Something huge happened at Phter Koma Children’s Home today. A small brother and sister, both HIV+ and both from drastic circumstances, entered the home and will be spending their first nght with the other children. The house has been prepped, with children aware that their carers expect only kindness towards their new housemates, a new bunk bed for the boys to make room for everyone, school enrolments, etc. On Friday a lone small girl will be delivered by her grandmother and become our 15th resident. Her slightly older brother, also orphaned, is HIV negative and grandmother is “sending him to the pagoda”, ie he will become one of Cambodia’s many tiny monks, who are placed in pagodas around the country by families unable to provide them with proper care. Phter Koma has reached capacity, licenced for only 15 children. I can’t imagine what it’s like for these kids, to suddenly be ripped out of their village lives, placed into a group home, attend school regularly and have three meals a day. It saves them in one way, but it rips them from their identity in another.
I’m not there to meet them as I gave myself a holiday and am currently on the coast enjoying some R&R. I’ve been back in Cambodia for two months now and it’s been a busy time, lesson planning, teaching, attending meetings, writing policies, helping out on management strategies and various other Phter Koma-related work. I’ve enjoyed it but I reminded myself last week that I am actually on “holiday”. It is just as well that I did because no sooner had I smelt the ocean air, than an email landed from MSF, suggesting a short Zero Contract in Africa! I may be leaving as early as next week and so my planned travels are being cut short and I’ll head back to Kampong Cham in 2 days to pack and prepare for my departure. If it happens, my public health experience is about to broaden even more exponentially than it already has in recent times, this time in emergency relief and outbreak control. From there I plan on staying in Europe for some months, only returning to Cambodia near the end of the year, just before I’m due back at my job in Australia.
A particularly special thing happened the other day as I was leaving Skun. I caught a moto taxi to the bus station, planning to purchase my ticket to Kampong Cham where I needed to pick up a few missing things before heading away. The bus was full! Not sure what to do, I began the now-familiar highway walk back into town, knowing the offer of a lift would only take a few moments. Not 100 metres away from the bus station, a tuk-tuk with green floral curtains fluttering in the breeze and hiding the passengers from view, putted past me. Someone from behind the curtains called out “hello” and they came to a stop about 20 metres ahead of me. As I approached, the driver walked to the back of the tuk tuk and stood waiting for me, leaning comically onto the tin roof. Soon enough someone asked “daona?” (where?). Climbing in, between many chirans (thankyous), I replied “psa” (market).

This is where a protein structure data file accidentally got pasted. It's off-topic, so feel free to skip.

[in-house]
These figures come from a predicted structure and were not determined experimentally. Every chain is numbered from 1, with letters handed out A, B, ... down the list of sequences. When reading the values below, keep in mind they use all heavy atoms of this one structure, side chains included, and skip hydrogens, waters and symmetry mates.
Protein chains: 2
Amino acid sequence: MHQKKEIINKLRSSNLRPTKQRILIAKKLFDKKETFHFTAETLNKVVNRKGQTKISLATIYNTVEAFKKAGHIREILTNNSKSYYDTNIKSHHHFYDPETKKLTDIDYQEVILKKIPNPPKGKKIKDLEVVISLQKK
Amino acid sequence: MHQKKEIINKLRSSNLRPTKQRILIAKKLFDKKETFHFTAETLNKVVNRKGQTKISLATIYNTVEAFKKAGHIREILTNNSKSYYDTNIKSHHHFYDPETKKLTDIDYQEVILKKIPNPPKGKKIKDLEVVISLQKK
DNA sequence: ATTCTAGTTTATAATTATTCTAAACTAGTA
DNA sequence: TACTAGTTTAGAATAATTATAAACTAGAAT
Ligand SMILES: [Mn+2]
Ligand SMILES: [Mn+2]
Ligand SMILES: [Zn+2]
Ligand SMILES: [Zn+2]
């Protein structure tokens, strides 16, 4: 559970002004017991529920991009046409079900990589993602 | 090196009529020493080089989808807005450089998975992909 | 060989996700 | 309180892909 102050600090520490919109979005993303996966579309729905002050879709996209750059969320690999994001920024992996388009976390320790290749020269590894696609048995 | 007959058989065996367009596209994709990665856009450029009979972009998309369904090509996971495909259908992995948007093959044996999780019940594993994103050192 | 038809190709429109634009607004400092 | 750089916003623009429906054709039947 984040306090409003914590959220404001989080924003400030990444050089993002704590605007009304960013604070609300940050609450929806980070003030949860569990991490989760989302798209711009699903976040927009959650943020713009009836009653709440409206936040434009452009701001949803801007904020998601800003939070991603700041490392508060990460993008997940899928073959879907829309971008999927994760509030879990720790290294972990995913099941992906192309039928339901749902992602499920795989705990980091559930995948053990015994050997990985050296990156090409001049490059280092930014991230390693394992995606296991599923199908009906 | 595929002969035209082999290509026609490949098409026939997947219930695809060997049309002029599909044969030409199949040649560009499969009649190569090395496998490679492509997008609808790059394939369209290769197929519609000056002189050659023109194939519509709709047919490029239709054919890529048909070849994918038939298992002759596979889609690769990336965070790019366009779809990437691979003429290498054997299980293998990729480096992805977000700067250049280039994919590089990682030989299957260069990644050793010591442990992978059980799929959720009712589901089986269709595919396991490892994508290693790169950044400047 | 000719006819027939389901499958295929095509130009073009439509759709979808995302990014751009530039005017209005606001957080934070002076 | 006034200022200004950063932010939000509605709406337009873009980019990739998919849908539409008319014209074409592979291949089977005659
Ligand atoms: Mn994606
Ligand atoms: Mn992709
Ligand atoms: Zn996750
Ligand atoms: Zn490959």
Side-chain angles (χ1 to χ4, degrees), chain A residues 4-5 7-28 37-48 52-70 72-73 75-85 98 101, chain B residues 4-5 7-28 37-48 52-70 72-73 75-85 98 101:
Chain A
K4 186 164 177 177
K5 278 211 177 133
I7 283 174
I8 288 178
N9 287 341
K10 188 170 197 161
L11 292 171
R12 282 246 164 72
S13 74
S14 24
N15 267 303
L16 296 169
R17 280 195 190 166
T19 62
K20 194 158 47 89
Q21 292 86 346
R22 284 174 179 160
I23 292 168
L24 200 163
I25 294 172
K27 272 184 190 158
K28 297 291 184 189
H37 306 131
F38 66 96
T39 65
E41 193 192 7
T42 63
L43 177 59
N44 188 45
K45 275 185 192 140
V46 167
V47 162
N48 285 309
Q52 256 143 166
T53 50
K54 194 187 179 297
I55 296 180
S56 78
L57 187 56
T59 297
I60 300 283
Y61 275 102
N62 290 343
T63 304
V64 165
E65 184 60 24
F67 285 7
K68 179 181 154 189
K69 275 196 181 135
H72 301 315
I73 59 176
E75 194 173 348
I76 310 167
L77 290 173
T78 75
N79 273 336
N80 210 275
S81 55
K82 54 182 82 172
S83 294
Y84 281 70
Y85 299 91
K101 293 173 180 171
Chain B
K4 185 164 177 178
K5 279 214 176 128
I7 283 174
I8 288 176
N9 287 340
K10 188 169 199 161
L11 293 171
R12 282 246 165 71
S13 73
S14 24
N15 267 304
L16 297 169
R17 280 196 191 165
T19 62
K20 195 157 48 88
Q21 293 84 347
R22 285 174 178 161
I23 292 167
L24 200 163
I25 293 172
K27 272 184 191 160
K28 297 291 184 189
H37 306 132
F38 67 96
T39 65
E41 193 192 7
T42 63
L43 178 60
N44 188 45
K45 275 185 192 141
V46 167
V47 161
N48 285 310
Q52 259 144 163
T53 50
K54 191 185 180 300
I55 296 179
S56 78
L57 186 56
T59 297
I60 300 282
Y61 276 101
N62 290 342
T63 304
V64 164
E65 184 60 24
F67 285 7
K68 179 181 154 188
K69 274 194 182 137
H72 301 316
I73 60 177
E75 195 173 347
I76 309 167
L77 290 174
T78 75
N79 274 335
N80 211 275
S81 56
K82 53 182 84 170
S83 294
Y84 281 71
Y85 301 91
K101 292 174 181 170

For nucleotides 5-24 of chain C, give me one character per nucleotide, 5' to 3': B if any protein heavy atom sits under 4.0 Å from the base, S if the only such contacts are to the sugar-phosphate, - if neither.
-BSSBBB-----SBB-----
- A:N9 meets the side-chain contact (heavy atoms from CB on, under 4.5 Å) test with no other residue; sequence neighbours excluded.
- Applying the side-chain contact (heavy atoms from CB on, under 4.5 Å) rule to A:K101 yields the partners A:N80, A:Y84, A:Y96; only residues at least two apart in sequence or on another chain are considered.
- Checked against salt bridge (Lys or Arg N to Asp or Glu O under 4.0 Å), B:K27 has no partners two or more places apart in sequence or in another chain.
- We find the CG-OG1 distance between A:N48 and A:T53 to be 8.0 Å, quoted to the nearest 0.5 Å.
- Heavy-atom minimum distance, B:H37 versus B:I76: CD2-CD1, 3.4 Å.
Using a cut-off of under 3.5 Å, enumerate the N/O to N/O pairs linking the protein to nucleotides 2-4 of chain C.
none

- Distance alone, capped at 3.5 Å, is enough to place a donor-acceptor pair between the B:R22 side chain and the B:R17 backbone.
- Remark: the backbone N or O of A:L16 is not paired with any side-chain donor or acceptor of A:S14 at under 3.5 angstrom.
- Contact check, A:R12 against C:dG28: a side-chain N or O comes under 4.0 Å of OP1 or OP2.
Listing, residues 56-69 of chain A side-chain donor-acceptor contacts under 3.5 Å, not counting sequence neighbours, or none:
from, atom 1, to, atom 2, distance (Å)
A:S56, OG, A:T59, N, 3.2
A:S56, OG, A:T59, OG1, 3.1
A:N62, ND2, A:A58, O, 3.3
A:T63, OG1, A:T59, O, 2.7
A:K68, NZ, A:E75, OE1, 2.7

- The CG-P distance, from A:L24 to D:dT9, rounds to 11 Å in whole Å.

His passengers were a woman of perhaps 35yo, her 5yo daughter on her knee having surrendered her seat for me, a 15yo son and 25yo nephew sitting opposite. The driver was the children’s father. My case was plonked onto the floor of the tuk tuk, removing all remaining floor space and the 15yo said in clear English “We go to Kampong Cham”. Oh! I want to go there too! “Yes”. This sealed the deal – I was going to Kampong Cham in the family tuk tuk! When I asked how much, Mum pointed to herself to indicate the cost was on her. This wasn’t acceptable, but I decided to deal with it on arrival, which I did without meeting any argument. Without further ado, off we chugged!
To have left the bus station at the exact moment I did, entering the busy highway not two minutes before a ride all the way home happened by, seemed miraculous. Before we reached Skun market, the 15yo said to me “do you want something?”. Unsure what he meant I replied yes, and he opened the lid from a polystyrene eskie on his seat, passing me a can of Coke! I declined, incredulous at their extreme hospitality.
My initial thoughts were that this was a wealthy family going on a long holiday. But as I contemplated the situation I realised the moto was struggling along at around 25km/h (it took us over 1.5 hours to travel the 40km distance) and that Dad was obviously a tuk tuk driver in Phnom Penh. We struggled along in broken Khmer with some schooled English from the 15yo and I learned that they left home (Phnom Penh) at daybreak, were visiting a grandmother for the night, and returning to Phnom Penh the next day. This was not a wealthy family at all, but a typical Cambodian family with the benefit of their own tuk tuk for visits to far-flung family.
We stopped in at the nephew’s home to drop him off in a busy market town (Prey Toetung) halfway along. A small concrete home along a quiet dirt laneway off the main road, with many close neighbours but not especially poor, relatively speaking. I rang Chom to arrange a pick up at the temple pagoda serving their grandmother’s village, and he pulled in almost at the same time. A quick transfer between tuk tuks and off we went in our respective directions, promising to see each other next time I am in Phnom Penh.
Already high from the prevous night’s wedding excitement, I was soaring after this very uniquely Khmer experience. If the new children at Phter Koma receive even half this degree of hospitality from their seasoned housemates, then everything will be okay.